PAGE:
2019 Land Rover Range Rover vs. 2019 Mercedes GLE

Detailed Review, Specifications & Comparison

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Both the Range Rover and GLE have child safety locks to prevent children from opening the rear doors. The Range Rover has power child safety locks, allowing the driver to activate and deactivate them from the driver's seat and to know when they're engaged. The GLE’s child locks have to be individually engaged at each rear door with a manual switch. The driver can’t know the status of the locks without opening the doors and checking them.

To help make backing safer, the Range Rover’s optional cross-path warning system uses wide-angle radar in the rear bumper to alert the driver to vehicles approaching from the side, helping the driver avoid collisions. The GLE doesn’t offer a cross-path warning system.

Both the Range Rover and the GLE have standard driver and passenger frontal airbags, front side-impact airbags, side-impact head airbags, front and rear seatbelt pretensioners, height adjustable front shoulder belts, four-wheel antilock brakes, all wheel drive, traction control, electronic stability systems to prevent skidding, crash mitigating brakes, daytime running lights, rearview cameras, available blind spot warning systems, around view monitors and driver alert monitors.


The Range Rover’s corrosion warranty is 1 year longer than the GLE’s (6 vs. 5 years).


The Range Rover has more powerful engines than the GLE:




Range Rover 3.0 supercharged V6

340 HP

332 lbs.-ft.

Range Rover HSE 3.0 supercharged V6

380 HP

332 lbs.-ft.

Range Rover P400e 2.0 turbo 4 cyl. hybrid

398 HP

295 lbs.-ft.

Range Rover Supercharged/Autobiography 5.0 V8

518 HP

461 lbs.-ft.

Range Rover SVAutobiography 5.0 supercharged V8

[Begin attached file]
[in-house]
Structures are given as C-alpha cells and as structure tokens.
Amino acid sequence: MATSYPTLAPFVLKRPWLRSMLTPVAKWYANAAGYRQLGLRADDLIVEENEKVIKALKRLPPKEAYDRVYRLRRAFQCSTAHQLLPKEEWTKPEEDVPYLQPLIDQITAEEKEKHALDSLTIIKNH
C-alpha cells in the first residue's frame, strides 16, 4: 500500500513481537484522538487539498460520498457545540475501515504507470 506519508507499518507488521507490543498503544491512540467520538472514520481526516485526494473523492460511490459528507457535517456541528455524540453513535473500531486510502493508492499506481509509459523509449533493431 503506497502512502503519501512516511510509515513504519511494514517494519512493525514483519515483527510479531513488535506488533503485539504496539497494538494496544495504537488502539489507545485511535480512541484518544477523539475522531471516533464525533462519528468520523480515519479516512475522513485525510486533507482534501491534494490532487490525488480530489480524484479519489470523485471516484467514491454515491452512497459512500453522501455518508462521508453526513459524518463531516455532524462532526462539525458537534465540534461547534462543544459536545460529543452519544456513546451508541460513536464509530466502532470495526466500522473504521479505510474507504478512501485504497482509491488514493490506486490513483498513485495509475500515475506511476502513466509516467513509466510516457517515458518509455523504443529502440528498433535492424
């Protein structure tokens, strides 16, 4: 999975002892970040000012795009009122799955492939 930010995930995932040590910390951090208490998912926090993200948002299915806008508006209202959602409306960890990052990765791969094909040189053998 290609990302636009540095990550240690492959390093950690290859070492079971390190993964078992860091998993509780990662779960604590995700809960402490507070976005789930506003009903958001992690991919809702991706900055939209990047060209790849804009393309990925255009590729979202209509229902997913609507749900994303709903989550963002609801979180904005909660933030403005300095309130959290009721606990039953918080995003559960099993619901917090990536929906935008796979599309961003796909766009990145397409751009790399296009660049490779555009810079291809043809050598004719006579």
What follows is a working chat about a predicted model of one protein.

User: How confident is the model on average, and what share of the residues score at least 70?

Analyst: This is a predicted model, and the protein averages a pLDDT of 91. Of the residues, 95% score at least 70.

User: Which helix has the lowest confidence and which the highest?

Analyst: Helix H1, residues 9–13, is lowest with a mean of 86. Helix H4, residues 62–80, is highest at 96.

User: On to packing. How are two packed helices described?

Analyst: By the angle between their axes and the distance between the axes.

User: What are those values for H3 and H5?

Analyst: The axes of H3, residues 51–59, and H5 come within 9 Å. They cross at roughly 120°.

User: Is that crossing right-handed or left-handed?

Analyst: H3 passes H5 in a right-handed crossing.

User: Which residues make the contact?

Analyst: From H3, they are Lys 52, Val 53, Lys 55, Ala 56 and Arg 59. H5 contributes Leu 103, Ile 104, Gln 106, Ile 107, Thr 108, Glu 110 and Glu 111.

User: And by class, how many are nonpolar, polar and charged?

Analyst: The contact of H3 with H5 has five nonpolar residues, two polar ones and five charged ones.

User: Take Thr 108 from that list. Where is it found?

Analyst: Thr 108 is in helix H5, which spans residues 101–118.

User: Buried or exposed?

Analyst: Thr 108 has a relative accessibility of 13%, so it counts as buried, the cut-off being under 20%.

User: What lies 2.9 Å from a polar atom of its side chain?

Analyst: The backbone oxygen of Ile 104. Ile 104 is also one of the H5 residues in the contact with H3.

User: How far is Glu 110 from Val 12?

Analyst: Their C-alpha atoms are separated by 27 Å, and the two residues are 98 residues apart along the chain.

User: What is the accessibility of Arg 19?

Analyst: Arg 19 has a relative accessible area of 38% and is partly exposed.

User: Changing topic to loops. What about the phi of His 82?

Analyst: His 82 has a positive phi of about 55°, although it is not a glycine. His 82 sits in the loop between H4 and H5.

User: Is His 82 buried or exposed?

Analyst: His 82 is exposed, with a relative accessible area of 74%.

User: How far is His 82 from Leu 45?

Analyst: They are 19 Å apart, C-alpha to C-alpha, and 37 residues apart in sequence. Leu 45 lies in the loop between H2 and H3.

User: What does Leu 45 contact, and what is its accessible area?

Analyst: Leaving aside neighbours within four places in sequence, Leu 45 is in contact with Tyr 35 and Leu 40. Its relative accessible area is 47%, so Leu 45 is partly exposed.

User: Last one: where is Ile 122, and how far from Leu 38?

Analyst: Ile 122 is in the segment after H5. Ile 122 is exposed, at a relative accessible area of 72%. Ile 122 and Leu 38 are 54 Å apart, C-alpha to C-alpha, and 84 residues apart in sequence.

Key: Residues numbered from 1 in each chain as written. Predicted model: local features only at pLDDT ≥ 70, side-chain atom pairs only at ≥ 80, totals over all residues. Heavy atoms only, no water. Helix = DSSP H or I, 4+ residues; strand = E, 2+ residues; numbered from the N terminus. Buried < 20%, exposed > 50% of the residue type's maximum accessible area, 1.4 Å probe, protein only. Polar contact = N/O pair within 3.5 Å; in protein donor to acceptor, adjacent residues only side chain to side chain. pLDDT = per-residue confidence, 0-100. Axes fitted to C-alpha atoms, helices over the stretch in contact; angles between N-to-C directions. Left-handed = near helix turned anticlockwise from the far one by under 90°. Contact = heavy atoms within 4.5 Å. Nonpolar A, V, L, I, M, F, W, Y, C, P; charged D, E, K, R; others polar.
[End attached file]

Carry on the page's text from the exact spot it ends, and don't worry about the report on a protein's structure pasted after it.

557 HP

516 lbs.-ft.

GLE 400 3.0 turbo V6

329 HP

354 lbs.-ft.

AMG GLE 43 3.0 turbo V6

385 HP

384 lbs.-ft.

The Range Rover’s 3.0 turbo V6 diesel produces 89 lbs.-ft. more torque (443 vs. 354) than the GLE 400’s standard 3.0 turbo V6. The Range Rover’s 3.0 turbo V6 diesel produces 59 lbs.-ft. more torque (443 vs. 384) than the AMG GLE 43’s standard 3.0 turbo V6.

As tested in Car and Driver the Range Rover 5.0 Supercharged is faster than the AMG GLE 43:


Range Rover


Zero to 30 MPH

1.8 sec

1.9 sec

Zero to 60 MPH

4.7 sec

5.4 sec

Zero to 100 MPH

11.1 sec

14.7 sec

5 to 60 MPH Rolling Start

5.2 sec

6.5 sec

Passing 30 to 50 MPH

2.5 sec

3.4 sec

Passing 50 to 70 MPH

3.4 sec

4.4 sec

Quarter Mile

13.1 sec

14.1 sec

Speed in 1/4 Mile

108 MPH

98 MPH

Top Speed

136 MPH

130 MPH

Fuel Economy and Range

On the EPA test cycle the Range Rover Td6 gets better fuel mileage than the AMG GLE 43 (22 city/28 hwy vs. 17 city/23 hwy).

The Range Rover P400e can drive on battery power alone for up to 31 miles. The GLE must run its internal combustion engine to move.

Regardless of its engine, regenerative brakes improve the Range Rover’s fuel efficiency by converting inertia back into energy instead of wasting it. Mercedes only offers a regenerative brake system on the GLE Hybrid.